The Big Three in Texas government gathered at the governor’s mansion Jan. 9, the second day of this year’s regular legislative session, touting their proposal to cut property taxes.
Gov. Greg Abbott and the presiding officers of the Legislature — Lt. Gov. Dan Patrick for the Senate and Speaker of the House Dennis Bonnen — put forth their idea to pay for the property tax cut by increasing the state sales tax by a penny on the dollar.
When the tax swap idea wasn’t getting the salutes the three Republican leaders hoped for, on May 3 they had another news conference reiterating their support.
But within days, the swap was declared dead — without ever taking a vote.
What happened? A required analysis of the impact of the swap indicated it would reward people higher on the economic food chain and punish those on the lower end.
Those more well-off were more likely to own property, and therefore benefit from the property tax cut. Those less well-off were more likely to be renters, who probably couldn’t count on their landlords to pass along the tax cut.
But those on the lower end also would spend a greater percentage of their net income on the sales tax. A 1-cent increase in the tax would raise the state’s current 6.25 pennies per dollar tax rate to 7.25 cents — an increase of 16 percent.
The total tax rate in most parts of Texas, when city and transportation district taxes of 2 cents on the dollar are added on, would bring the total rate to 9.25 cents per dollar — a competitor for highest in the nation.
The “tax/fee equity note” showed that Texans with incomes above $99,619 — approximately 40 percent — would pay lower cumulative taxes, while the 60 percent who make less than that would pay more.
The Republicans hold a 19-12 edge over the Democrats in the Senate, and 83-67 in the House. Democrats nearly universally opposed the tax swap because it increased a regressive tax.
But for at least some tax-leery Republicans, the swap had little attraction either because it, after all, required voting for a tax increase.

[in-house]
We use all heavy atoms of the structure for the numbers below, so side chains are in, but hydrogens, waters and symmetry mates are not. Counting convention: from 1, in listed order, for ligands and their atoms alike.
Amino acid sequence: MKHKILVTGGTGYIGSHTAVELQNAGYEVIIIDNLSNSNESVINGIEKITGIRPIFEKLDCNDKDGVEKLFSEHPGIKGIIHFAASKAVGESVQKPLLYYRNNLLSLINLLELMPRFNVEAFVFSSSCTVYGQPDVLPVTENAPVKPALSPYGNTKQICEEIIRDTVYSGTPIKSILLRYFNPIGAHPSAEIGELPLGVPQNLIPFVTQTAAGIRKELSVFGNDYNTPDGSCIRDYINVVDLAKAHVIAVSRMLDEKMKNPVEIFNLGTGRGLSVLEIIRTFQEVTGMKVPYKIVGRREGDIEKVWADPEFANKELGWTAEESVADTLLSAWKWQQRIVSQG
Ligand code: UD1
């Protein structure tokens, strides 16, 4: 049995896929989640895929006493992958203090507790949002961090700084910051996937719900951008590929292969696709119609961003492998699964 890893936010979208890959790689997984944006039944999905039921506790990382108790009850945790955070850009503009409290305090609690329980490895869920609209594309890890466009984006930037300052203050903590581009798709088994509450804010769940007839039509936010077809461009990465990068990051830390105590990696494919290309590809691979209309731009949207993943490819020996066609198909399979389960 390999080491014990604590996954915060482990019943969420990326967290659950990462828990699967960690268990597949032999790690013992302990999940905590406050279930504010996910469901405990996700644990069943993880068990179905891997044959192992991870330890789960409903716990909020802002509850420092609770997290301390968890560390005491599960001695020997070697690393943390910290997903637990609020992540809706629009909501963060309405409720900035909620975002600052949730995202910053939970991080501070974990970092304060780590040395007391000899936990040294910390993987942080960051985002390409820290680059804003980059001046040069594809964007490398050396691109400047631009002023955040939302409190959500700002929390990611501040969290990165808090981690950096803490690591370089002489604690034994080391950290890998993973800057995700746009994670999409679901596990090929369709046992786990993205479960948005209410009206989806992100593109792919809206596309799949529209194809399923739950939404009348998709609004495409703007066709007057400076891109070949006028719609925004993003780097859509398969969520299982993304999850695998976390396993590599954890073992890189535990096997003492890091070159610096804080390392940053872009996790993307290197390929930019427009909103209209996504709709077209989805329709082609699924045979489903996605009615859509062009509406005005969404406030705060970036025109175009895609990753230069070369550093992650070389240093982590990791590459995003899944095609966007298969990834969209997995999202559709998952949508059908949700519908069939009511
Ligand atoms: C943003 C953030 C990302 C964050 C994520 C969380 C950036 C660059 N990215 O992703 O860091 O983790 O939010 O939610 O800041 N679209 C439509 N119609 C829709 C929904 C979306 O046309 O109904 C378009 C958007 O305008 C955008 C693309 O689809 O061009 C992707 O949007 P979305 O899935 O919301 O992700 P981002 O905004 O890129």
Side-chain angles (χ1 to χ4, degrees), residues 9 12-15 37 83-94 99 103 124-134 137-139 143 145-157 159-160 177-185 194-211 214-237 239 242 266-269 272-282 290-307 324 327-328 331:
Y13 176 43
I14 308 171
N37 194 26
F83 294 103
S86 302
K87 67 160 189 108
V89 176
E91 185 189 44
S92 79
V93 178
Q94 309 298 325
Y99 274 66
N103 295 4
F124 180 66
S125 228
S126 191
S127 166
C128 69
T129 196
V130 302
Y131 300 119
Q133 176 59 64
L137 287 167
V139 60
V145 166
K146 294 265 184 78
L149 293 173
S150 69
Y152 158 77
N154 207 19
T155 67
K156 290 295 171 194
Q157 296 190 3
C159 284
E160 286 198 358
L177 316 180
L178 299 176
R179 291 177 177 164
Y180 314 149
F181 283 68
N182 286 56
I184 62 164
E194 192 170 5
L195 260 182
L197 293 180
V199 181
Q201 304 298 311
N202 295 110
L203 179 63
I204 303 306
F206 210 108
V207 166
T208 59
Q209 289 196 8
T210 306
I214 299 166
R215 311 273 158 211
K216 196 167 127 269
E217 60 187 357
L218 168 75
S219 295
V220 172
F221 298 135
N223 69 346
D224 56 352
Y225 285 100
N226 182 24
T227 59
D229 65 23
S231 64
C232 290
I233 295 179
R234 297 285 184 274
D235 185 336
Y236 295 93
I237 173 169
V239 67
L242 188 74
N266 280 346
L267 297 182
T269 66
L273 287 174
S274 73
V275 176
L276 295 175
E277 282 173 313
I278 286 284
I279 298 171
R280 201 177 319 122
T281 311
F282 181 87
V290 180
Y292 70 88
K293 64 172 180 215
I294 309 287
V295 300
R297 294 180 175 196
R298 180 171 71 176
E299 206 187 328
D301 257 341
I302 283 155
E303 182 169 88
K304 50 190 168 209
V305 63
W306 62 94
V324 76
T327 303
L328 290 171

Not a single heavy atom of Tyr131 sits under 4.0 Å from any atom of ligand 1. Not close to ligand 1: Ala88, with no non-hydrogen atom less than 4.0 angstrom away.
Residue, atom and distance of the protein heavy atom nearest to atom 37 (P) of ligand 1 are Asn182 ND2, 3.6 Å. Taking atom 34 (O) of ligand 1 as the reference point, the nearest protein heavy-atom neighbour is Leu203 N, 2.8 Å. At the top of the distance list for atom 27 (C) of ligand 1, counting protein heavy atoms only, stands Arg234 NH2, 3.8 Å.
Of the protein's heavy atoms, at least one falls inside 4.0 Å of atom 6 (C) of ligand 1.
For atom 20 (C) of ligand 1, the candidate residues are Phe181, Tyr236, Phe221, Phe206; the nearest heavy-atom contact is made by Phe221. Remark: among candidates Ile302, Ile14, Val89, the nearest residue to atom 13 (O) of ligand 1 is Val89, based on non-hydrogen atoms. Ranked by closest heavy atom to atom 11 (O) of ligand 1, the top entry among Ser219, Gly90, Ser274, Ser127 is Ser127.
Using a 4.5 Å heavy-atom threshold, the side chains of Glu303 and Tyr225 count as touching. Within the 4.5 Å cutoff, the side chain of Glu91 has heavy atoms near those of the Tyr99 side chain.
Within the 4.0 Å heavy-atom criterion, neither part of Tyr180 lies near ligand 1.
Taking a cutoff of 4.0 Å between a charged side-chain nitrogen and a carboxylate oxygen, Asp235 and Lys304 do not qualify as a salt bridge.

The analysis was performed by the Legislature’s budget-writing joint committee, the Legislative Budget Board.
One longtime legislative observer who took particular delight in seeing the tax swap fizzle was former Austin state Rep. Glen Maxey.
He is an ardent Democrat who retired from the House in 2003 after a dozen years, and has spent much of his time before and since organizing Democrats.
“I want to take a bow,” Maxey said May 8 on Twitter — the day after dirt was kicked onto the tax swap’s coffin.
“Yesterday, Republicans in the Lege folded on their ill-fated attempt to raise sales taxes in Texas by 16 percent. It was a terrible, horrible very bad bill.
“And the data that made them all take a pass,” Maxey wrote, “was in a little document called a tax incidence report, required to be placed on every tax bill coming before the Lege.
“When that report came out, they gagged on its effect on everyday Texans and they knew it wasn’t going to be good at the ballot box,” Maxey continued. “Guess who, 22 years ago, in a sleepy little amendment, required those ‘tax incidence reports’? Yep. Yours truly, Glen Maxey.
“I’ll take a bow 22 years later on my role in slaying the Republicans attempt to (assault) Texas yet again,” Maxey wrote. “Thank you.”
LGBTQ caucus gets a win
Legislation in the Texas House sought to override the decision by the San Antonio City Council to block the Chick-fil-A franchise from operating a restaurant in the city’s airport.
Council member Robert Trevino proposed the block because of the company’s “legacy of anti-LGBTQ behavior,” including support for groups opposing to same-sex marriage.
Rep. Matt Krause, R-Fort Worth, sponsored House Bill 3172, which he said would protect religious people and organizations from government attacks, and allow the Texas attorney general to sue on their behalf.
But up against a midnight deadline last Thursday, state Rep. Julie Johnson, D-Carrollton, one of five members of the newly formed LGBTQ Caucus, blocked the bill on a point of order.
House Speaker Dennis Bonnen upheld her contention that the bill analysis did not adequately describe changes made to the bill.
“Hopefully,” Johnson said after Bonnen’s ruling, “today is the day discrimination against LGBT Texans dies in the Texas House. This was a distraction, and I am thrilled that we were able to end it this way.”
A Senate version of the bill now is being fast-tracked.